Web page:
- optionally, additional modules with spices, syrup, ice cubes, whatever for your very personal coffee experience
on requesting a coffee, you would then configure and orchestrate all components to your wishes to make you a fine cup of coffee. you can also add routines like "makeCappucchino()", "makeEspresso()", or whatever.
our software is not like this.
it is like this:
- a smart water boiler consisting of submodules that know how to cook water for e.g. "cappucchino with sugar" or for "espresso without sugar, but with milk and ice cubes"
- 5 smart bean grinders that know how to grind beans for e.g. cappucchino, espresso, latte macchiato and for 73ml of water preheated to 82°C
- a very smart sugar dispenser that knows how to add sugar to 95, 98 and 100°C coffee and to coffee made of BOTH coffee arabica AND coffee robusta beans.
etc. etc., i think you're getting the gist.
when i realized this, it was like, right in front of my eyes, this terrible pattern emerged like a foul, corrupted caleidoscope of chaos, through the whole code base of this module.
i've already known how rotten from the core this code base is, but today i've actually identified a really bad pattern that i hadn't realized before. the whole architecture is so bloated that it is hard to have an overview of the whole thing. and it would require a LOT of refactoring to repair this pattern.
but i guess it would also be infinitely satisfying because i could probably reduce the code base for 30% or something...
but unfortunately, this is never going to happen, because screw refactoring.
it's a great feeling to start this new library from scratch, tho...6
Does anyone think tech recruiters are failed used car salesmen?
Bad experiences this week
This person who says that she is a recruiter for GOOGLE does not know the difference from UX designer and UX developer.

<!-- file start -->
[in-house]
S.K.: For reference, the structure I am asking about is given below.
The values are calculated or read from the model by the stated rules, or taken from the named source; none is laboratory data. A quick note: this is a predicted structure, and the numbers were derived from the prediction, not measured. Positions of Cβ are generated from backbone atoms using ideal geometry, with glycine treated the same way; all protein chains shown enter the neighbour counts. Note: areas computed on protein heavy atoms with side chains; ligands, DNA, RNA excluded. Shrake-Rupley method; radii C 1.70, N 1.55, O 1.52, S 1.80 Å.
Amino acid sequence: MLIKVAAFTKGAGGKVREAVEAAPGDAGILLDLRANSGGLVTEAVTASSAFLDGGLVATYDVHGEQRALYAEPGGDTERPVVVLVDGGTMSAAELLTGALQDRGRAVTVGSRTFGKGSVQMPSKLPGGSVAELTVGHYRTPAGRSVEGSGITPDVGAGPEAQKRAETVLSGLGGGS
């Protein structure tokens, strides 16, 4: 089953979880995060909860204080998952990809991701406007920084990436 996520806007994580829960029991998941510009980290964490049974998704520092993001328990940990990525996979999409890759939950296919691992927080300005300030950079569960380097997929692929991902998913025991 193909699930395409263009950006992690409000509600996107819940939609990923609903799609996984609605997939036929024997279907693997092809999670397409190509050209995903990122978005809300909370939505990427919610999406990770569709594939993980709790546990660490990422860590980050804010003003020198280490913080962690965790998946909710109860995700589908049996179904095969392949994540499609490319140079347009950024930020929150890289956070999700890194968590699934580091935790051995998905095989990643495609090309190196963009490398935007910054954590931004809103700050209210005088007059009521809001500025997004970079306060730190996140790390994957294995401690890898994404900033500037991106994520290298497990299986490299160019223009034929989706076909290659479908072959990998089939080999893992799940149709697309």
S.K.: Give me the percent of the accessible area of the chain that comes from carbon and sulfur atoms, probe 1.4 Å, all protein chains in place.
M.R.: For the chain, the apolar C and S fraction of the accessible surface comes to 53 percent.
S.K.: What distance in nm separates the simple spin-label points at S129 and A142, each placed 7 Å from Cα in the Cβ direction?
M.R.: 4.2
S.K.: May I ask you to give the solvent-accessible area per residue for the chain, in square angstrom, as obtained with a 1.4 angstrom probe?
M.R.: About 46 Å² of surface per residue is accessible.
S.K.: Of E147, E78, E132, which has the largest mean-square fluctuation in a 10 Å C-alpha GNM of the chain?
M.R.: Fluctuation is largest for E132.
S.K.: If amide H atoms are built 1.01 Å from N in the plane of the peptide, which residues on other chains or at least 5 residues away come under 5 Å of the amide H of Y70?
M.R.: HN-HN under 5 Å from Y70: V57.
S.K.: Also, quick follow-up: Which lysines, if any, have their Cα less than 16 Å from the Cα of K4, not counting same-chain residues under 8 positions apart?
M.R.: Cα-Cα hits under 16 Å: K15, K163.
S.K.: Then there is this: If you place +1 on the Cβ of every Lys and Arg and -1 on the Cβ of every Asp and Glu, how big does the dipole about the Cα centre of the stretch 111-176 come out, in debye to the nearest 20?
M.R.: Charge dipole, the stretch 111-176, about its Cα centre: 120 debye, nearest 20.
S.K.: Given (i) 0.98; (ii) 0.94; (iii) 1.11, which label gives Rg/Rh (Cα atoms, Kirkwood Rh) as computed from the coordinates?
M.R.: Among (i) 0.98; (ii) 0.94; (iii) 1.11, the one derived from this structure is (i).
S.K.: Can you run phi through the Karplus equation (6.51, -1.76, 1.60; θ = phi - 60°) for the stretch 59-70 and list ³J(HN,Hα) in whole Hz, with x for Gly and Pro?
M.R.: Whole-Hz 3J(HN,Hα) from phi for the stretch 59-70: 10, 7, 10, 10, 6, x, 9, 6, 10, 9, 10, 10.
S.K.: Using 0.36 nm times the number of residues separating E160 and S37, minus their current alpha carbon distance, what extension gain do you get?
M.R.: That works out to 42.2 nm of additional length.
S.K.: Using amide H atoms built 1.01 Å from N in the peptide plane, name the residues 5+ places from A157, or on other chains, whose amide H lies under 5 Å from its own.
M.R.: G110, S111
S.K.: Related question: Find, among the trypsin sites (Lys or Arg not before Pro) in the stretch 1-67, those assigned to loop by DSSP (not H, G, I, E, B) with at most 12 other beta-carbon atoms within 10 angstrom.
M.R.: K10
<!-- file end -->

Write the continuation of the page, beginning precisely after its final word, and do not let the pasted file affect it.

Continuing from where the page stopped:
“ UX design still involves coding... idk where you got information that UX designers don't code but they absolutely do. UX designers are simply front end software engineers that work on refining the user experience of a particular program app or website.”
I don’t know because I used to be a fucking UX developer and used to work with UX designers??? Who didn’t code because figuring out what humans what is tough enough on it’s own. UI designers may know html/css but that is it.
I know we are going into a recession and I need to start being nice to these dumb recruiters because I may need them one day.3
we want you to be
- full stack developer (you do everything front end, back end)
- dev ops/SRE (you can sort out the deployment CI/CD pipeline, cloud platform services AWS/GC/Azure whatever)
- architect (you can design the software as well)
all in 1, you gotta be multiple roles/departments
good luck getting this experience on the job (hell in a startup is not for everybody and certainly not for me)
also why the fuck companies who aren’t startups ask for this idk
not sure if i missed any roles/competencies so far , don’t forget you need like >=3 years of experience possibly in every field for entry roles and more for anything higher than that11
*phases of learning to program*
Yeah its so easy i love programming i'm gonna be a top programmer.
Uuuhg.. programming sucks,i think i'm not meant for it,should i give up do something else maybe...
So I am a Software Engineer at a small scale company.
I need to coordinate with customers, understand the requirements and design and develope the solutions.
These sometimes include changing the current product a bit and customize it to fit the client needs or maybe creating a plug-in that could work with the current product and get the job done.
I love the research, design and planning part of the job, I would be super focused and will find solutions for complex stuff. Plan it all to the smallest things.
I know the solution so I can think of what code would be there what would be needede whats already there etc.
But when it comes to coding the solution my laziness kicks in.
My mind is like you already know the solution why you need to code it to.
Then I start procrastinating and end up putting myself under a pile of stuff when the deadline approaches.
what tools do you use to design your software architecture?